PCB Talk: SAP Evaluating From Design Perspective

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Semi-additive PCB fabrication processes add a new tool to the PCB designer’s toolbox. As with any new tool, there is a learning curve. To help shorten that curve and expand the growing body of knowledge, I spoke with Randy Chase, CID, senior manager of PCB and Module Design at pSemi, a Murata Company.    

Tara Dunn: Randy, you and I have known each other quite a while. I think your expertise in both design and fabrication makes you uniquely qualified to evaluate new technologies and PCB design approaches. Would you please tell us more about your background?

Randy_Chase_Headshot.jpgRandy Chase: My career started in middle school with basic drafting classes. In 1973, while I was in high school, I got a job in drafting and design for a small electronics company. After learning about schematics and design, I wound up in a service bureau. I learned so much that I am forever grateful to L&M Drafting Service for really getting me going. After that, I was a “road shopper” for many years, and continued to develop as a designer, keeping pace with the most senior guys. After paying my dues, I created my own successful service bureau. Then I partnered with a buddy who was going out on his own; we had developed a relationship from working together years earlier, so we decided to make a bigger service bureau. It became very successful. 

From there, I became an independent consultant to large and small companies. I’ve been involved in every aspect of configuration management, mechanical drafting, and PCB design, most recently in a director or manager position, coaching more junior designers and exploring developing technologies.

My experience is quite unique and diversified, but as for PCB designs, I’ve designed everything from satellites and aircraft, broadcast systems, cellphones, and super computers, to irrigation systems, semi-trucks, submarines, medical devices, and electronic wine stoppers. I even have a design on Mars. Everything had its challenges, but all were successful.

There may not always be a readily available solution to a given issue, but the joy comes from the creative process—to develop or create a solution. After nearly 50 years in the industry, I must say that the Averatek Semi-Additive Process (A-SAP™) is one of the needed breakthrough solutions for the roadblocks designers have been running into for years.

Dunn: How did you first hear about semi-additive processes, and what made you want to learn more?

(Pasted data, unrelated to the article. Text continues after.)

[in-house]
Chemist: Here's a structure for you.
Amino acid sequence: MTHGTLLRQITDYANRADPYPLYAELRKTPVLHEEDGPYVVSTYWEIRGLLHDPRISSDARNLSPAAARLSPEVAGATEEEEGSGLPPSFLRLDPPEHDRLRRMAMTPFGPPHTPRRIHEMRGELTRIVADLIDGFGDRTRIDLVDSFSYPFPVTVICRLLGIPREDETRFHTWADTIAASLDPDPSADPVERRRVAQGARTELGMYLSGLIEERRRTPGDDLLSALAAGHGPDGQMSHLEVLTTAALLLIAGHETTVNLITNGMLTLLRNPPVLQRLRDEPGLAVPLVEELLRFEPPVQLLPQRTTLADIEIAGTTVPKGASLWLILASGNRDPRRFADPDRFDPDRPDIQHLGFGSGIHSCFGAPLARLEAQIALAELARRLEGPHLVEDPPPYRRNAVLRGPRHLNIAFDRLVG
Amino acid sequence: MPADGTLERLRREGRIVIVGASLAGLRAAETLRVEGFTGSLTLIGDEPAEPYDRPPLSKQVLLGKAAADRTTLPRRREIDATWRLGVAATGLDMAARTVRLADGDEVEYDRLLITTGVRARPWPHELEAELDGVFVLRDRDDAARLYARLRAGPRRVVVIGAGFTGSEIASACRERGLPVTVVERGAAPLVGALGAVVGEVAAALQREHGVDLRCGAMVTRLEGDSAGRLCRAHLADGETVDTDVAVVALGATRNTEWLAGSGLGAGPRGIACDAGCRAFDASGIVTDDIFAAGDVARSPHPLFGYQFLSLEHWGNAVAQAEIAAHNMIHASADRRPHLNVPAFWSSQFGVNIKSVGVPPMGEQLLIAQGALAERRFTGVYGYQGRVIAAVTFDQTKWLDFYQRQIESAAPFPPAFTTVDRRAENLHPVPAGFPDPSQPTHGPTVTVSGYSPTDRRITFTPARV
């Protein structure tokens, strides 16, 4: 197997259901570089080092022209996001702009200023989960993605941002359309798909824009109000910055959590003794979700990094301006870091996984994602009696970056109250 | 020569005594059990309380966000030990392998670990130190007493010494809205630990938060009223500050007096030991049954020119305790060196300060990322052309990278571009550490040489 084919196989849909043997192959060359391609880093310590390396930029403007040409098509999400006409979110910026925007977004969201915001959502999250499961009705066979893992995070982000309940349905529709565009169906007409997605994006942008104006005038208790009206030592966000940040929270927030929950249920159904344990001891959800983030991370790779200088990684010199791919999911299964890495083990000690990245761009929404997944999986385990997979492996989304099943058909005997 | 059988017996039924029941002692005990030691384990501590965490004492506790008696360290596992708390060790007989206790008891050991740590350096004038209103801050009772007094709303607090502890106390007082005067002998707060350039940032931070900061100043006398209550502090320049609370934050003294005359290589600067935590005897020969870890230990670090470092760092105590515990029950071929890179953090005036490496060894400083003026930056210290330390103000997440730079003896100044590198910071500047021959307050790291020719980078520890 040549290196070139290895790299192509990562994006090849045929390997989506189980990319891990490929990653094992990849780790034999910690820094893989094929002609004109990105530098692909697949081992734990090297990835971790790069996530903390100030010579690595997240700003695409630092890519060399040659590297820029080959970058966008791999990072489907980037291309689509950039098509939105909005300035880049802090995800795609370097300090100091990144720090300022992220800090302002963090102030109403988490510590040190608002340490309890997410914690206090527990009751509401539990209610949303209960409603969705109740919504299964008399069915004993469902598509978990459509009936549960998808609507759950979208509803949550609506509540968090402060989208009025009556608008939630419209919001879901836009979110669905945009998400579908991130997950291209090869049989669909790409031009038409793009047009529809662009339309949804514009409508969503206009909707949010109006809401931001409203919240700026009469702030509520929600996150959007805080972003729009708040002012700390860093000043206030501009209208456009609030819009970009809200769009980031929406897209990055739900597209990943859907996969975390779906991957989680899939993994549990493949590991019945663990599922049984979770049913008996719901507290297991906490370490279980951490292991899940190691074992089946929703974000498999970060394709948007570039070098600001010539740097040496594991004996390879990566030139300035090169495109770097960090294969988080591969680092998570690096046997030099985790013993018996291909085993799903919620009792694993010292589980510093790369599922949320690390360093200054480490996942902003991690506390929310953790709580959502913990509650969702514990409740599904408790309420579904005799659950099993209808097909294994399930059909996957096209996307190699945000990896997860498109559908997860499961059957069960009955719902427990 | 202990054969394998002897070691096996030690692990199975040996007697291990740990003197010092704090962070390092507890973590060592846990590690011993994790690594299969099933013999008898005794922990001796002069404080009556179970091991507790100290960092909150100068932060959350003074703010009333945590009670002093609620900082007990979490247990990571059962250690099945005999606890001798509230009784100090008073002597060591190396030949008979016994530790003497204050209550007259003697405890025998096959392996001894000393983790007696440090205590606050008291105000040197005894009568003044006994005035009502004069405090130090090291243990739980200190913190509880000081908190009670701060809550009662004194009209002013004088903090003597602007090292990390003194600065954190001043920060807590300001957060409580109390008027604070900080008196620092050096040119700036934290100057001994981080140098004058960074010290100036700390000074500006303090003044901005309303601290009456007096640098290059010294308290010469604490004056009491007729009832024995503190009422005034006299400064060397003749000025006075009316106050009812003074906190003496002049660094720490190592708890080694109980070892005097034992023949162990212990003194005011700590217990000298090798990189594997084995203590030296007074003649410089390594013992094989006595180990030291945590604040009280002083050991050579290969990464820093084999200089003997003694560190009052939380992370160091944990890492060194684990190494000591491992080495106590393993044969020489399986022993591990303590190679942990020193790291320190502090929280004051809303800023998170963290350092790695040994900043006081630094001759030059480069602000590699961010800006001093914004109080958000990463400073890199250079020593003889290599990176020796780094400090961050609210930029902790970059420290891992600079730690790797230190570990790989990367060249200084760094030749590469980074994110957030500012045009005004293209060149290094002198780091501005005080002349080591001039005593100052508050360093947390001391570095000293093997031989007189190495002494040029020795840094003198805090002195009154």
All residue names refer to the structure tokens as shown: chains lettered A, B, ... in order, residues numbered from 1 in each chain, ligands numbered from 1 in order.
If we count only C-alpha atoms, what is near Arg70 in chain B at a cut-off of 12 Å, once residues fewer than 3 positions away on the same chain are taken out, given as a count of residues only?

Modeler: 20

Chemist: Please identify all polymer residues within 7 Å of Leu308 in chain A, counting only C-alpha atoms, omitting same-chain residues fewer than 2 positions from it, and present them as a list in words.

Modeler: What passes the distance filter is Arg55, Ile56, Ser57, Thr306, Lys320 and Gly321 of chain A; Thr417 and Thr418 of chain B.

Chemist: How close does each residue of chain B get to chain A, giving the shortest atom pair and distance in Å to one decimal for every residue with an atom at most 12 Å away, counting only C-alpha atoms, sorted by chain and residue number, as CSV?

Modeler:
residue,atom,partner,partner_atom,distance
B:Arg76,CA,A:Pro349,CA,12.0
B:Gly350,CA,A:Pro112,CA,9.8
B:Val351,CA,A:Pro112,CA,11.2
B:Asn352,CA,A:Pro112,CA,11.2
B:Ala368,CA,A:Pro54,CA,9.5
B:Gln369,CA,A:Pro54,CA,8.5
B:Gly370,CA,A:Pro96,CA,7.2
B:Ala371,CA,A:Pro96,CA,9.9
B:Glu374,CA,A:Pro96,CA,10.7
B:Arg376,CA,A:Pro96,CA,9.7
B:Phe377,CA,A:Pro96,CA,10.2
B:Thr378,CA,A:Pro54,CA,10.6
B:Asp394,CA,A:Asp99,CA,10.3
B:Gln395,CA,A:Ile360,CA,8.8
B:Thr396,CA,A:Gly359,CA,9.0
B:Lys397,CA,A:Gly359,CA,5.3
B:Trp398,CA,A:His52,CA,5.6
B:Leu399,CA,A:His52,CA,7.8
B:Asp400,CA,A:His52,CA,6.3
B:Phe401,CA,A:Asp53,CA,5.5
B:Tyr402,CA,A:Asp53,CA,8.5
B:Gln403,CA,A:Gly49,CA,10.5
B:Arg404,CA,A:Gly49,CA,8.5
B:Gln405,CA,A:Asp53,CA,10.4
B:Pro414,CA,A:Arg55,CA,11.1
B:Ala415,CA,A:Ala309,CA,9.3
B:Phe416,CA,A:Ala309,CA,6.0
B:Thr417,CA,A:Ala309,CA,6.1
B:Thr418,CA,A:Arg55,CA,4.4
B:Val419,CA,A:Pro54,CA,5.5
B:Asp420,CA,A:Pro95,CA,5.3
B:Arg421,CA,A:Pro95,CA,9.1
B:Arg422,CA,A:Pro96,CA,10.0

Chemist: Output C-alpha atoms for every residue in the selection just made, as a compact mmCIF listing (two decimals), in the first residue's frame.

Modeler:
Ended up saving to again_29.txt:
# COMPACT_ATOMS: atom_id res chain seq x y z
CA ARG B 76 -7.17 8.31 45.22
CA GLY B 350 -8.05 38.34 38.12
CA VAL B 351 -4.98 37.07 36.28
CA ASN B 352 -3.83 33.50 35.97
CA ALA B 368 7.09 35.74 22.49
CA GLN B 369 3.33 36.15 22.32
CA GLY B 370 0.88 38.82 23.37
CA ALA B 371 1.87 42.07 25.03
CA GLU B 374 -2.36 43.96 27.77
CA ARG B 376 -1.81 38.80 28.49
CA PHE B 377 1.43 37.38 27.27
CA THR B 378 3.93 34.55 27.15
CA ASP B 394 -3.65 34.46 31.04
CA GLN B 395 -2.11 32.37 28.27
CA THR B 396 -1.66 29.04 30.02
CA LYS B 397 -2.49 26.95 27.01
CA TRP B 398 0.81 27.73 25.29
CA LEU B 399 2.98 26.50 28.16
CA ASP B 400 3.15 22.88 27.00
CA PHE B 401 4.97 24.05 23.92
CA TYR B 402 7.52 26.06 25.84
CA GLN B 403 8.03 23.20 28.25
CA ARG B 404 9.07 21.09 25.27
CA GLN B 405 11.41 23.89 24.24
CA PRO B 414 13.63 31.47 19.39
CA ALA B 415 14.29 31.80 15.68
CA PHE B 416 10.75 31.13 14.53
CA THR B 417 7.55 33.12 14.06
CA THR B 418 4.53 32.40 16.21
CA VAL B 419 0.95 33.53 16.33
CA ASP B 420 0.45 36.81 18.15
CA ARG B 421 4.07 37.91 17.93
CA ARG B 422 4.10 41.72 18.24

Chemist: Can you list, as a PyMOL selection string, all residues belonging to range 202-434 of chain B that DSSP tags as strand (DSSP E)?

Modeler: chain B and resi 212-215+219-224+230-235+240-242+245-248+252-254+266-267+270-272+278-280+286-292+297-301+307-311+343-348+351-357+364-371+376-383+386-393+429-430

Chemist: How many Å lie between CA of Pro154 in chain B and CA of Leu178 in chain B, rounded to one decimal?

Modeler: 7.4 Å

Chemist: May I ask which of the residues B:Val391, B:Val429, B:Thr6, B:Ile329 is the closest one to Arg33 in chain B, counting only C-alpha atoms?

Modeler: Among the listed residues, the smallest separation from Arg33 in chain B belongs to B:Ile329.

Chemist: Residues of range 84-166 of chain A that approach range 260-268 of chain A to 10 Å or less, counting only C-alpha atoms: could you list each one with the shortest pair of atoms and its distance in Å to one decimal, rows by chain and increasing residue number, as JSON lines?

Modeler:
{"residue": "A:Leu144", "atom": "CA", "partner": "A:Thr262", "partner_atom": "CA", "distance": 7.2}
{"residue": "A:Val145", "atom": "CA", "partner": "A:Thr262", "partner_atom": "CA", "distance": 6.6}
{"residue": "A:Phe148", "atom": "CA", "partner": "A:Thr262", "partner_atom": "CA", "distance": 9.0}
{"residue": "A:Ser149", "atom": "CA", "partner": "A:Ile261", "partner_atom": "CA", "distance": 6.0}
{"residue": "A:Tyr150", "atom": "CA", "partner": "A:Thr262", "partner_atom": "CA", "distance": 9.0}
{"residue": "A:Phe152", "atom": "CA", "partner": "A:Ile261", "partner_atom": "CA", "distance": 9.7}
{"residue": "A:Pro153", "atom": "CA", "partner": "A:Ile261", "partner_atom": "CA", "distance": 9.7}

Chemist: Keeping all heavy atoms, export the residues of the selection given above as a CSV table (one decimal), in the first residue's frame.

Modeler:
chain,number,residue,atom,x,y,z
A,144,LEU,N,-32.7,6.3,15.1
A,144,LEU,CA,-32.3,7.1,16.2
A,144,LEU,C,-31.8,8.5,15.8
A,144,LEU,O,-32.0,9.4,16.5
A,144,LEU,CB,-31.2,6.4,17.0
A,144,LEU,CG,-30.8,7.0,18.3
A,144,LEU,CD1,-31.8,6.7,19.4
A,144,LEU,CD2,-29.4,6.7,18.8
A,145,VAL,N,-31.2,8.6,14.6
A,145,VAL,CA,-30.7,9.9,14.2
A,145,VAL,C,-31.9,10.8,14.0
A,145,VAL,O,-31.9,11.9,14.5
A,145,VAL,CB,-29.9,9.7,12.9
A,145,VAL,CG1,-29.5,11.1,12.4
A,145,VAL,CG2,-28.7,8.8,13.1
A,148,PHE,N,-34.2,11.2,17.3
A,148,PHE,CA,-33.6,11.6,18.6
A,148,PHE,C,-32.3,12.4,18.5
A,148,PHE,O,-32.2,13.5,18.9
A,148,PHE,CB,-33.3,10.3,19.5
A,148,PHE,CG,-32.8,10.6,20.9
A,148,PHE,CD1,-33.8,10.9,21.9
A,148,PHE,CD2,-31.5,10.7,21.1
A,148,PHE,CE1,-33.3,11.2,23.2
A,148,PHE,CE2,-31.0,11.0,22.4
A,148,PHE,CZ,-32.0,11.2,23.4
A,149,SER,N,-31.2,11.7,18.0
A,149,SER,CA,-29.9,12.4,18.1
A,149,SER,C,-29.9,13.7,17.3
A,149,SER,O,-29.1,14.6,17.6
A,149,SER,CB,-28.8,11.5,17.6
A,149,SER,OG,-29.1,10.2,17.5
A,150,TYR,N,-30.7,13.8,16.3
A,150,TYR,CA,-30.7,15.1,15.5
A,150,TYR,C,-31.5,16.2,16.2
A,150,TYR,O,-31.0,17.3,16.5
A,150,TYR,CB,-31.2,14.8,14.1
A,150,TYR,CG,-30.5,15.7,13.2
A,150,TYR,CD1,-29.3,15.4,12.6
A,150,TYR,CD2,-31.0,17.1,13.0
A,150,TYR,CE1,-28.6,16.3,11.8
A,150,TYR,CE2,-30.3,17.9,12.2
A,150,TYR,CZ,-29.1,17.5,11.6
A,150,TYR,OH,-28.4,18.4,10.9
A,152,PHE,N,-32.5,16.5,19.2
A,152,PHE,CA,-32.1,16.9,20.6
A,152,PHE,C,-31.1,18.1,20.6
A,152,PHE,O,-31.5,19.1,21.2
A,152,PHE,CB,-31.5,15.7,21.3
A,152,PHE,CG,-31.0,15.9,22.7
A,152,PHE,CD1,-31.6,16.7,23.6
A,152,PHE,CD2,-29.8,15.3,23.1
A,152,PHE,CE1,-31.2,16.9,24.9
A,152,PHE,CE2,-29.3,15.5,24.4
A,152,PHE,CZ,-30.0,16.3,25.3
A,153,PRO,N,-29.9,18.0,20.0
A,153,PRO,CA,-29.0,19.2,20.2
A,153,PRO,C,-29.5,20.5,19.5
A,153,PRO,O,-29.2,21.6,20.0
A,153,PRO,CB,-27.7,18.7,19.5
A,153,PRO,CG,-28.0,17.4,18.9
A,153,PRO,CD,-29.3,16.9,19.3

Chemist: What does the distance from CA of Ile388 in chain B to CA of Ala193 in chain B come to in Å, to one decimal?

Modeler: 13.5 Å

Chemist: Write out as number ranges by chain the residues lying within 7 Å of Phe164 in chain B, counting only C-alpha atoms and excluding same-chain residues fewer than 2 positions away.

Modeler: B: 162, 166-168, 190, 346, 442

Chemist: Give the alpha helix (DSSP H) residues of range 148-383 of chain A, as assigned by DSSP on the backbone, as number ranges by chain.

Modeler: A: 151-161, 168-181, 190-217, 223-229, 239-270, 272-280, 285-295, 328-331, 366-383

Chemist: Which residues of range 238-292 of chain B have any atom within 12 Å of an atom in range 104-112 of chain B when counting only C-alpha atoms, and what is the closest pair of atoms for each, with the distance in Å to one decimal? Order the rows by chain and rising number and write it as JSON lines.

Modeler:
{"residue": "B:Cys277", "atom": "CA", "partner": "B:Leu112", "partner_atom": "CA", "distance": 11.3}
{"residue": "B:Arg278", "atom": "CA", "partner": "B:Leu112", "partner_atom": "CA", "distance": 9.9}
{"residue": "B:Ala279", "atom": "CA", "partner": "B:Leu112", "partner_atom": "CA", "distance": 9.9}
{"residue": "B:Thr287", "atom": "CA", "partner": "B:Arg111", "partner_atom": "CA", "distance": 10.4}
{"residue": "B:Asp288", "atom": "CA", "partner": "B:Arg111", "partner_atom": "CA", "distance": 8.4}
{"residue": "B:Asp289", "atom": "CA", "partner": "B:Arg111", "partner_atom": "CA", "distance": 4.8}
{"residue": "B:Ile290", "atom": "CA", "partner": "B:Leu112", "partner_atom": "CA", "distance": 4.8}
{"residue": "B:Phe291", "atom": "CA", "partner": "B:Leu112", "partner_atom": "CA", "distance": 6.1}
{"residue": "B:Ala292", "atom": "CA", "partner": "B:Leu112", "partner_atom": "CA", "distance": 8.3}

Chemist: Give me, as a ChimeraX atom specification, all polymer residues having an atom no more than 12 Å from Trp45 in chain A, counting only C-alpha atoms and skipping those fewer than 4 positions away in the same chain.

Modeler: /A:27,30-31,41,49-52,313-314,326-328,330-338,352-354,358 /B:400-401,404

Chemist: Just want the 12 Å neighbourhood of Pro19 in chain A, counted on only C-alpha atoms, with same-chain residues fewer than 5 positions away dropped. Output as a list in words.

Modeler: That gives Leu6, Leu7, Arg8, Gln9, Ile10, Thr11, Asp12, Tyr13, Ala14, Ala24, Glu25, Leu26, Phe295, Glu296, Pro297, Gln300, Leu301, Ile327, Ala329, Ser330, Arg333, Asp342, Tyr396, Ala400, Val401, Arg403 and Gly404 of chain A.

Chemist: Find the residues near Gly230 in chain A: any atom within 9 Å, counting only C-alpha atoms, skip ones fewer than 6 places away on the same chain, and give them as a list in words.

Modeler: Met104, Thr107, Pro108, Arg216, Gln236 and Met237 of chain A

Chase: In the semiconductor industry, everything keeps shrinking and precision is paramount, so a few years ago we hit the limits of physics for what could be fabricated on a PCB. Back then, we tried a semi-additive process that had just been developed. While it was eventually successful, the turn times and communication with the vendor were poor at best. So, we kept searching for other solutions, and found that using a laminate interposer on a generic PCB got us by for a while. But alas, we eventually needed to remove the interposer as part of the signal integrity equation, so it was back to searching for a PCB-only solution. To test, characterize, and evaluate our ICs, we must mount the bumped die directly on a PCB, so that means our ball pitch can be anywhere from 100 to 150 mm apart. Yes, it’s kind of humorous when you hear about designers dealing with 0.35–0.4mm pitch BGAs and our issues are tackling 100–150 mm pitch. We don’t even deal in millimeters; we deal in microns.

During the search, I came across Averatek and started communicating to learn more. We got in touch with a fabricator that was implementing the A-SAP process and did a trial run of the original board from many years ago. Low and behold, we came out with terrific results, had great communication with the fab vendor, and were extremely pleased with a quick turnaround on the fabrication cycle. We now have many boards using the process and continue to develop technology alongside the fab vendor.  

So, trace/space is just one part of the equation, but since our ICs are typically RF, the topology of creating a squared-off trace (instead of the typically etched trapezoidal results of an etching process) is very beneficial as we continue to increase frequencies. I got a bit carried away here, but there is a lot to be excited about.


Dunn: Why do you feel that this technology is important to the industry?